28 March 2023
By Tim Koch
Tim Koch begins to collect his thoughts and edit his pictures following a remarkable week on the Thames Tideway.
When I took the above photograph in 2018, it was simply a mildly amusing picture appearing to illustrate Felix Drinkall’s desire to win the Boat Race. However, Drinkall’s Boat Race career since then has made it a rather poignant image as he lost with the 2018, 2019, 2021 and 2023 Oxford crews, suffered the cancellation of the 2020 race and missed out on the Dark Blue’s 2022 win. At the end of this year’s race, he collapsed in the boat and was taken ashore for medical attention and hospital checks.
Late on Boat Race Day, the Boat Race Company announced:
Two Oxford University Boat Club athletes received medical attention following today’s Men’s Race. We are pleased to confirm that both are doing well and we would like to thank the RNLI, St John Ambulance and the London Ambulance service.
In a dark week for the Dark Blues, Oxford’s men’s and women’s crews lost to their Cambridge counterparts in the races between the blue boats, the reserves, the lightweights and the “spare pairs”. This 8-0 score could be increased to 10-0 if the results of the veterans’ races are included or even 11-0 if a “re-row” between some remnants of the 2003 Boat Race is counted.
Oxford, however, can take great pride in the fact that it was one of their own who showed the world what The Boat Race, a private match between student athletes (who are fitter than most professional sportspeople) that has no second place and no financial reward, means to those who take part and to what extent they will push themselves both physically and mentally.
It is said that any one-on-one contest between two boats is a race until one crew decides that it cannot win. While I am sure that none of the Oxford men ever stopped applying awesome amounts of power even when they knew that Cambridge had an unchallengeable lead, it was Drinkall that gave the 110% that usually only exists in cliché strewn post-match football interviews and who managed to switch off that part of the mind that stops even the ridiculously fit and highly trained from injuring themselves through physical effort.
Oxford rowing will, of course, survive and go on to record many more wins. After 168 contests, the men’s score is still remarkably close at Cambridge 86 wins, Oxford 81. When Cambridge achieved an unbroken run of wins between 1924 and 1936, and when Oxford did the same between 1976 and 1985, the losing side must have thought that their humiliation would never or could never end – but it did. How?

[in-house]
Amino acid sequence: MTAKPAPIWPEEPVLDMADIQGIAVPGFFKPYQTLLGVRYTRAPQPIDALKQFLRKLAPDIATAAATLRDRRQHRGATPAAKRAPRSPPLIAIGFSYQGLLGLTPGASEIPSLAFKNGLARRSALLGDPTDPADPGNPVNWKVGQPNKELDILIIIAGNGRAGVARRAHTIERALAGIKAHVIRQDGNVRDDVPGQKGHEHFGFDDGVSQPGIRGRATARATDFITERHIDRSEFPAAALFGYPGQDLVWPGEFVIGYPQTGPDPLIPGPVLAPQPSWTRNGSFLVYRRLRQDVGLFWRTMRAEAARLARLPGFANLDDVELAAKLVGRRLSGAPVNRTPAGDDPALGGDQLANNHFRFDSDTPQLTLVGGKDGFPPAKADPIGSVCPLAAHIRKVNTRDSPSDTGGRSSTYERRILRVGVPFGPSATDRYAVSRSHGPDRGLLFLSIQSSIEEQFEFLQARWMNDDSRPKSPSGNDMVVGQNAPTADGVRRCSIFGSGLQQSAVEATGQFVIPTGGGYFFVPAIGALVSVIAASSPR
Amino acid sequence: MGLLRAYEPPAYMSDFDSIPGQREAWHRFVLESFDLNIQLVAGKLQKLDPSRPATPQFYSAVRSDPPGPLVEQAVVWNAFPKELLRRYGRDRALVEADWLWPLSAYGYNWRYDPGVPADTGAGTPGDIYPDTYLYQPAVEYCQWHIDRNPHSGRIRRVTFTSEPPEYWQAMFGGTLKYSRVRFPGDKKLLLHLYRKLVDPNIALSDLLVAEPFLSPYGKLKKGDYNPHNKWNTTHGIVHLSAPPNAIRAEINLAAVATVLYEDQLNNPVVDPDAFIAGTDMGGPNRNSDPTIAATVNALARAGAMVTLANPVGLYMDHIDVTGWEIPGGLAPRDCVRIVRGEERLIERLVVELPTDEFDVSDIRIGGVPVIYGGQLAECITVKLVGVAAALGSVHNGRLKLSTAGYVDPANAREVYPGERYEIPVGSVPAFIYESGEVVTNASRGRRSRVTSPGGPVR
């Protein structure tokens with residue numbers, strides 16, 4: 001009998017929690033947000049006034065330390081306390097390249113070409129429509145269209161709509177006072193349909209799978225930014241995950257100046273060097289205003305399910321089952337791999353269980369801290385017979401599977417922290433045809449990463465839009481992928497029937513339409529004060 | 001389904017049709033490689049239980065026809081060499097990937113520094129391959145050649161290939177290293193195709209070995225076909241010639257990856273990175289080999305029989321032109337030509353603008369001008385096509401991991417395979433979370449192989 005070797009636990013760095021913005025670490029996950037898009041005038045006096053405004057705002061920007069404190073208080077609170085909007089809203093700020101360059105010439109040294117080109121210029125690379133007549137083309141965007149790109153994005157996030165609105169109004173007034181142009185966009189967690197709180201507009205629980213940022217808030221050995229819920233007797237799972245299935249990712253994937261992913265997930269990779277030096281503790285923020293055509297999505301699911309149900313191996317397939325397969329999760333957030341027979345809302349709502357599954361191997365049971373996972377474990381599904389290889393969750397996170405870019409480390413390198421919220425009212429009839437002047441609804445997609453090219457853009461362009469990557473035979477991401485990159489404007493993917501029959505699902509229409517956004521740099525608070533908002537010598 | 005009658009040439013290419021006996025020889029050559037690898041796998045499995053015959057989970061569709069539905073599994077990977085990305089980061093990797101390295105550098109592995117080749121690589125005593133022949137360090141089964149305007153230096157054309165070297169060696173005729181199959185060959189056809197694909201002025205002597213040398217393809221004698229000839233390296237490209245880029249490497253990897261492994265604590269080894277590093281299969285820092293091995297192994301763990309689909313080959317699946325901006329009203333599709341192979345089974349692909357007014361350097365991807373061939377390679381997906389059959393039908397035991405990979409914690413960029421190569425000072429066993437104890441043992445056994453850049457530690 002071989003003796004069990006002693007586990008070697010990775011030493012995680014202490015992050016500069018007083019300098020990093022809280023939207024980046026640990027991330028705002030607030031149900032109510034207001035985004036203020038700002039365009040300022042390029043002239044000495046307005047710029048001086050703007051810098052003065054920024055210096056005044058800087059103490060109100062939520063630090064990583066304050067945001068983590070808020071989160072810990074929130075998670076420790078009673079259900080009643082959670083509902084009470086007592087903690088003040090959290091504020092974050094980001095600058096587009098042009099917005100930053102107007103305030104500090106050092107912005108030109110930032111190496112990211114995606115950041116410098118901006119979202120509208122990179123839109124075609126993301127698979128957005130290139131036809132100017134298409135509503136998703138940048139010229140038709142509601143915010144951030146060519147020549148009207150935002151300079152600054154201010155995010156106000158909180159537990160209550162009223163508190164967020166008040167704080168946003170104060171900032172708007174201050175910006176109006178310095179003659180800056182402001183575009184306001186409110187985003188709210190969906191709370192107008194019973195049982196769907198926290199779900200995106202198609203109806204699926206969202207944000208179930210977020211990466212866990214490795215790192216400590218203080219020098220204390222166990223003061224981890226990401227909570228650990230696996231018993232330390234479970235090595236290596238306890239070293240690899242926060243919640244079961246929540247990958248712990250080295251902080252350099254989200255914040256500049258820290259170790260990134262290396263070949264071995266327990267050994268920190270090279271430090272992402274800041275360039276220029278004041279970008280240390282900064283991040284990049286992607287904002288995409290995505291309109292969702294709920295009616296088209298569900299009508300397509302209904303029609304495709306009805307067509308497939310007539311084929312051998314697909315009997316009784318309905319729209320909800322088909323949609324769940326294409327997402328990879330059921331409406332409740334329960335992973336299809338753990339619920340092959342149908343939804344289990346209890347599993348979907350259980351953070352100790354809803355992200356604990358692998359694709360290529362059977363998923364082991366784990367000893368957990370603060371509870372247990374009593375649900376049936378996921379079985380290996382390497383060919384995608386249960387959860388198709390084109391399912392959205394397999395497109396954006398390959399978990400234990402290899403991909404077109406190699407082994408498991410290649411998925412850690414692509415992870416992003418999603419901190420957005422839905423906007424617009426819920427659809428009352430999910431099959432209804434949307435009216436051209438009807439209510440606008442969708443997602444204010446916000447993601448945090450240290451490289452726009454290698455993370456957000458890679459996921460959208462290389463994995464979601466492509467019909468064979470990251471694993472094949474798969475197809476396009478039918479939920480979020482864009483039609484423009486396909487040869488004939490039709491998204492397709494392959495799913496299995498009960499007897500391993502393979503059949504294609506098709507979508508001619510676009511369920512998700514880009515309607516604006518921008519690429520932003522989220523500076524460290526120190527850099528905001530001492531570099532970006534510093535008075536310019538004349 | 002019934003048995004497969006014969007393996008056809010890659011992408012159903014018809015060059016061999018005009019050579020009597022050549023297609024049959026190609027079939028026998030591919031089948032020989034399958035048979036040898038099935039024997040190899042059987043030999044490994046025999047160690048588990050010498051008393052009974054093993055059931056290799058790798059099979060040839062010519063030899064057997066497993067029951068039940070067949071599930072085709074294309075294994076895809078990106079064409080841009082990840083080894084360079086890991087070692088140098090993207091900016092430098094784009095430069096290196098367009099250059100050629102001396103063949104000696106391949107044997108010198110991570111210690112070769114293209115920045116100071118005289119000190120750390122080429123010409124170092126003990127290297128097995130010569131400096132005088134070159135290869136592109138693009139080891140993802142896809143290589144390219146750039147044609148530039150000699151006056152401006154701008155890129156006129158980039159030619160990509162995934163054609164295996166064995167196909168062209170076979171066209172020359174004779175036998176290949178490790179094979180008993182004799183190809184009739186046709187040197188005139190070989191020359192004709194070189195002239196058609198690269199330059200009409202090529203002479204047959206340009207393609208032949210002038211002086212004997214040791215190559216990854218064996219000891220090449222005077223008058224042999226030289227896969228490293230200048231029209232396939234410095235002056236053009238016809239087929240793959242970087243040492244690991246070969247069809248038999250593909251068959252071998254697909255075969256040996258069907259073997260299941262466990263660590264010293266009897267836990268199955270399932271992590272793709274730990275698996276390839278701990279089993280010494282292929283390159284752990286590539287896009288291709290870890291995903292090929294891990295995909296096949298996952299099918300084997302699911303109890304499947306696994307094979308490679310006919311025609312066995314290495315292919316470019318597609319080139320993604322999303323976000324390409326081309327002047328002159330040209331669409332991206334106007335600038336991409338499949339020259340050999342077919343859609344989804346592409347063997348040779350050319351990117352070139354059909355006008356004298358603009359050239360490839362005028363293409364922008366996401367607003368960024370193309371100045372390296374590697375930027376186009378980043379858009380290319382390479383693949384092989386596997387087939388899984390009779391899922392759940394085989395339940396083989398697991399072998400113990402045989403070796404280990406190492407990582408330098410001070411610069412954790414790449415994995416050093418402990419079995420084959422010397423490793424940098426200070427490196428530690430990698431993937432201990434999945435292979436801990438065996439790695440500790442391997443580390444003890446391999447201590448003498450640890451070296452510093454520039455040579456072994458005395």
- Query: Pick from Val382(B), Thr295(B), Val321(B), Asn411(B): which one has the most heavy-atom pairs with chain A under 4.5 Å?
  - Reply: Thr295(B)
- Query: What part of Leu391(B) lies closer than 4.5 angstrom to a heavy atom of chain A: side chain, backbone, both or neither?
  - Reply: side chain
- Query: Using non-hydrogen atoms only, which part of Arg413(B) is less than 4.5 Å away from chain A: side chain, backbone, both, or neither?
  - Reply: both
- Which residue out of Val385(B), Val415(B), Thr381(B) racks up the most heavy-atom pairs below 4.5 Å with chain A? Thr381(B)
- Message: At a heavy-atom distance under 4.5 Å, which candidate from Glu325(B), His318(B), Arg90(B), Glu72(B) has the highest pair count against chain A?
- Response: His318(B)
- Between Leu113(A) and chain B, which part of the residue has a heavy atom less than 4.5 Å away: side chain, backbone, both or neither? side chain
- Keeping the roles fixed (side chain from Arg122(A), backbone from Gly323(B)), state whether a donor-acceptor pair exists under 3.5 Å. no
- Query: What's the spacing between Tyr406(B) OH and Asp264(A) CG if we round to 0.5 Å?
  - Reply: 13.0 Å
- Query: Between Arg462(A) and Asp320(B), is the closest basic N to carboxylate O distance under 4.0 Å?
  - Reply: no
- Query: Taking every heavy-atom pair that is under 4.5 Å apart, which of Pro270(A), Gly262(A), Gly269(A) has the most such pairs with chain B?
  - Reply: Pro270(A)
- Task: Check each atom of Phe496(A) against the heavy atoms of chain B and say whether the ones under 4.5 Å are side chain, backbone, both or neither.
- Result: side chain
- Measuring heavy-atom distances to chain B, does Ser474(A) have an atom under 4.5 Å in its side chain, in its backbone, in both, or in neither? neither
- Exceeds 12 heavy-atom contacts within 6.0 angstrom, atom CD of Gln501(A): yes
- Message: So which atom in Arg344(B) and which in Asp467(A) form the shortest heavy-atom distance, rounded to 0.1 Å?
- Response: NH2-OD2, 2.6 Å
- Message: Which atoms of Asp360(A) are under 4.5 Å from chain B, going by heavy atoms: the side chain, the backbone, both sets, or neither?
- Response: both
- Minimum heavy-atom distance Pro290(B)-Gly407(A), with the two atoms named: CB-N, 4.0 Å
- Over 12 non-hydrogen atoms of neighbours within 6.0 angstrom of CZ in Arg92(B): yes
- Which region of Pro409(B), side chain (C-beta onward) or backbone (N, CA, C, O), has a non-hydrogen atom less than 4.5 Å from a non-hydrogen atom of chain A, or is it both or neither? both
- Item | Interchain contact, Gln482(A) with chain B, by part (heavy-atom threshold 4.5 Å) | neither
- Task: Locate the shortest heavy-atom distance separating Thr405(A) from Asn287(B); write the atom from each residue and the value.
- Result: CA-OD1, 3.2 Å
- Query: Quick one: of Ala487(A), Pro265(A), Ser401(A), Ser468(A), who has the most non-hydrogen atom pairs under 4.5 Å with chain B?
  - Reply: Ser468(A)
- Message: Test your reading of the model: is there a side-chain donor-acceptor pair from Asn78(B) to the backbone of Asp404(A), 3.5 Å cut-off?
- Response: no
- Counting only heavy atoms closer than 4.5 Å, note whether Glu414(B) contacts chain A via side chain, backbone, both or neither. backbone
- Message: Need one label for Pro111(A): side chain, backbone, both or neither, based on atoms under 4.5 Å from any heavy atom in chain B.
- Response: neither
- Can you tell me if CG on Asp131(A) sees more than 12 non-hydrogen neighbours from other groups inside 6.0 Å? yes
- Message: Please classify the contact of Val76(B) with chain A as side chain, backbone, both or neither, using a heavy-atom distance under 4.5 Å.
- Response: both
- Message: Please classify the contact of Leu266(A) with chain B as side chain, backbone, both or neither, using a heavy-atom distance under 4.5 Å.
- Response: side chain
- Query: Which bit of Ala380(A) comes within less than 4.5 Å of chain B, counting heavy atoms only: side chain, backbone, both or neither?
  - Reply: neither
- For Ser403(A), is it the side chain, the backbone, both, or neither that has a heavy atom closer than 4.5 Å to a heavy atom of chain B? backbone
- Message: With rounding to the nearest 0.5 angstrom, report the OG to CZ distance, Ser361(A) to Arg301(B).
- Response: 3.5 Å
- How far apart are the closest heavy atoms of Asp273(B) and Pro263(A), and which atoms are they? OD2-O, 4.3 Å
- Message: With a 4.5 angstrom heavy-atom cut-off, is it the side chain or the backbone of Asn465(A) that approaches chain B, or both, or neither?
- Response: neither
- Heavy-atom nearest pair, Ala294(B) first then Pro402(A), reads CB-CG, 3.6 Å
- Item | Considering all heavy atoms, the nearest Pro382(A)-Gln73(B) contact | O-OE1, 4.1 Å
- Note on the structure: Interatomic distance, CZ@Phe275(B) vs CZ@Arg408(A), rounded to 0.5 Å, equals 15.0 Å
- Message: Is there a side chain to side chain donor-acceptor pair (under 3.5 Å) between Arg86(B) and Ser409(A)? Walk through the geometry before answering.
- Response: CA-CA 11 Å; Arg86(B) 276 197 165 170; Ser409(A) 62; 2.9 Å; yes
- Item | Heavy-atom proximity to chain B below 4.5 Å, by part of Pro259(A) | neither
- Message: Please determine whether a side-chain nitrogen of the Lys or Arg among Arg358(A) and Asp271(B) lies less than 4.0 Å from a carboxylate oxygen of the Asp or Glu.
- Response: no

Again returning to boat racing lore, when one boat overtakes another after a long period behind, it is usually not because it has gone faster, it is because the boat that initially led has gone slower. A losing club will try new things while a winning club is hesitant to change a successful formula.
Looking at the men’s results this century though, I think that because of the increasingly professional approach by both sides, the time of long unbroken wins by one university is over. The women, still new to sponsorship, will eventually settle into this mode as well.
Where does Oxford go from here? I think that if anyone was tempted to criticise the coaches, they would be wrong. Sean Bowden’s record as men’s coach speaks for itself and Andy Nelder has a fine record with lightweights and reserves and, as the women’s coach since 2018, has probably got the best performances that anyone could have achieved with the people that he has had available.
A lot of the television pundits felt that Cambridge has benefited greatly from merging the men’s and women’s squads, openweights and lightweights, into one club and that Oxford should do the same. I did hear one idea, that the Dark Blues were thinking of merging just the openweight men and women – but “citation needed.”
A post on the Oxford – Cambridge Veterans’ Boat Races and another of pictures from Boat Race Day will follow soon. Below are other images from the Light Blue dominated week.
Possibly biased race reports on the lightweight races are on the CUBC website.
Veterans (aka Masters)
A full report will follow.
This year is the twentieth anniversary of the remarkable Boat Race of 2003. In my article on it in this year’s Boat Race Digital Magazine/Programme, I noted that, “the drama of the run-up was only exceeded by the excitement of the race itself.”
Pre-race there was the fact that eventually there were two pairs of brothers racing, all from the same school, one sibling in each crew; the Light Blues were 7.5 kg per man heavier, a weight advantage never before overcome; the day before the race, Cambridge wrote-off its boat in a collision, the injured bowman had to be subbed and everything was postponed for 24-hours.
During the race itself, whichever crew had the bend advantage went ahead, the lead changing three times. Both crews crossed the line in 18 minutes 6 seconds but the verdict was a win for Oxford by one foot, the closest race since the dead heat of 1877 (which was a genuine draw, whatever the internet says).
On the day before the Boat Race, an informal “re-row” involving many of those from 2003 was run on the sensibly short course of the start to the Black Buoy, that is just the length of Putney Embankment.
Oxford had four of the original crew and subs from the 2003 Isis boat. Sadly, their cox from twenty years ago, Acer Nethercott, died at the age of 35 in 2013. I understand that Cambridge had managed to boat slightly more of their old crew.
I positioned myself opposite the “Black Buoy” (which is nowadays yellow) with my camera in case a photo finish was needed. As it happens, the verdict was an obvious half-a-length to Cambridge.